Facebook and Google have been expanding overseas, so it’s possible that this focus on U.S. data is somewhat misleading — sadly there’s no global counterpart to the hyper-detailed Quarterly Census of Employment and Wages from which the data in this column (as well as pieces over the past few days on breweries, financial services and health care) is taken. Also, it’s not all about engineers at Facebook and Google: As the lower average wages outside of Silicon Valley indicate, this category also includes journalists working at online enterprises such as BuzzFeed Inc. and Vox Media Inc. in New York and elsewhere. It may also include contract workers slowly going crazy moderating Facebook pages in Phoenix; it’s often hard to know for sure how specific corporate activities are classified by the BLS, because the BLS isn’t allowed to say, but the goal is to assign the people working at a location to the industry sector that best fits what most of them are working on.
Traditional media has a tendency toward concentration, too: Los Angeles County has 27% of the nation’s jobs in motion picture and sound recording industries. New York County (aka Manhattan) has 18% of all U.S. periodicals publishing jobs. The two counties together account for 20% of broadcasting employment. But the top-five and top-10 counties’ shares of jobs in these sectors are much smaller than with internet publishing and web search portals, and in motion pictures and periodicals, the very top counties have actually been losing employment share in recent years as media companies shift production to less expensive locales.
In their much-cited 2009 review of what drives economic activity and the resulting wealth to “agglomerate” in certain cities, economists Edward Glaeser and Joshua Gottlieb wrote that:
The largest body of evidence supports the view that cities succeed by spurring the transfer of information. Skilled industries are more likely to locate in urban areas and skills predict urban success. Workers have steeper age-earnings profiles in cities and city-level human capital strongly predicts income. It is possible that these effects will be reduced by ongoing improvements in information technology, but that is not certain and has not happened yet.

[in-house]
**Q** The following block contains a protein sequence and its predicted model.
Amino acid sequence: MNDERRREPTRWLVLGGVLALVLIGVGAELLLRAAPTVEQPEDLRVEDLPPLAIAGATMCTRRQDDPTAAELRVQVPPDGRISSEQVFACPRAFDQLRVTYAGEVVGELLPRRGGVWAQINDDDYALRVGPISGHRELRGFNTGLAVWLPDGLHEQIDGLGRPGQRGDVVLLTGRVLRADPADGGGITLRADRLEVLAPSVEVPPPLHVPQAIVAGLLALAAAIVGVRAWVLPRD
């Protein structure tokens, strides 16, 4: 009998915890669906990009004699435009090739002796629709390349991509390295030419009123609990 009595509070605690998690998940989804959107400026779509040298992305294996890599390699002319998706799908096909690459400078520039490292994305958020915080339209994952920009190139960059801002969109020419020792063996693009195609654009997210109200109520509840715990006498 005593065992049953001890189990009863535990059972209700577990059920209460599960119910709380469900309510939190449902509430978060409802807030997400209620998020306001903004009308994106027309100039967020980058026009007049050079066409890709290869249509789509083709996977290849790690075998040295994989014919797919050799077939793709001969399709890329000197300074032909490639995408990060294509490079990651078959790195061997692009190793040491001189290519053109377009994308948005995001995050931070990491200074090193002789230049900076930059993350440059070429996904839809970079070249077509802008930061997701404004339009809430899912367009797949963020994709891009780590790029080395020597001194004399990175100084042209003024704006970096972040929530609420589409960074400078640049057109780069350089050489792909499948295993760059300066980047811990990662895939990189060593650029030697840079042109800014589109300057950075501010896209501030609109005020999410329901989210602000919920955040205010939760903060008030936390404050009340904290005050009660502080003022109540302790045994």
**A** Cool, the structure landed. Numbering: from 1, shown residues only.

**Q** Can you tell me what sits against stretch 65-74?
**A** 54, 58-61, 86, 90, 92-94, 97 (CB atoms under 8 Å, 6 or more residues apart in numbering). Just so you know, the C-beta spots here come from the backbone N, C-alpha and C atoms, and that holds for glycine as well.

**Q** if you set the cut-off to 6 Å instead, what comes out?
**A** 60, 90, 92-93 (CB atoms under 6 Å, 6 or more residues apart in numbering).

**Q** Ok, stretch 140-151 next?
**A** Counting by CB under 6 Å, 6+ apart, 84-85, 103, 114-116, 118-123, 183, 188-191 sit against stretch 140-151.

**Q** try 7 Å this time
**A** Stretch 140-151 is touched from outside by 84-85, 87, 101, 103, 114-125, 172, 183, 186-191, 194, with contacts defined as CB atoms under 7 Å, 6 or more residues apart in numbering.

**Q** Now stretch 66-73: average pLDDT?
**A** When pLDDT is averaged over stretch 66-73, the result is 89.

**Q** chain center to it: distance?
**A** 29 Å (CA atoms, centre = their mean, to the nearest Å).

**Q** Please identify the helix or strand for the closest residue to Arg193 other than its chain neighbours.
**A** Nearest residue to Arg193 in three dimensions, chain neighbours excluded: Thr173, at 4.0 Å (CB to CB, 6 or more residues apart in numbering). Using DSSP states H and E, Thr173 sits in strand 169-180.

It’s presumably the value of this transfer of information among skilled workers that has driven internet companies to concentrate in a few places. High costs in those places and those “ongoing improvements in information technology” might drive dispersion, although there’s no sign of that yet in this data. Politics might, too: As Facebook in particular has been discovering lately, having your employees concentrated in a few places can mean having few friends in Washington. But for now, the work of internet publishing and web search portals remains tightly clustered along the San Francisco Bay, and to a lesser extent the Hudson River and Puget Sound. Geography still seems to matter, a lot.
Coming Tuesday: the sectors with the highest location quotients.
(1) I realize that this has become something of a straw man, and that by this point far more has been written attacking the idea that the internet renders geography irrelevant than espousing it. But as someone who was at least halfway paying attention in the 1990s, I think it's fair to say that most people in those days assumed that universal connectivity would lead to a spreading out of economic activity rather than a concentration.
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Justin Fox is a Bloomberg Opinion columnist covering business. He was the editorial director of Harvard Business Review and wrote for Time, Fortune and American Banker. He is the author of “The Myth of the Rational Market.”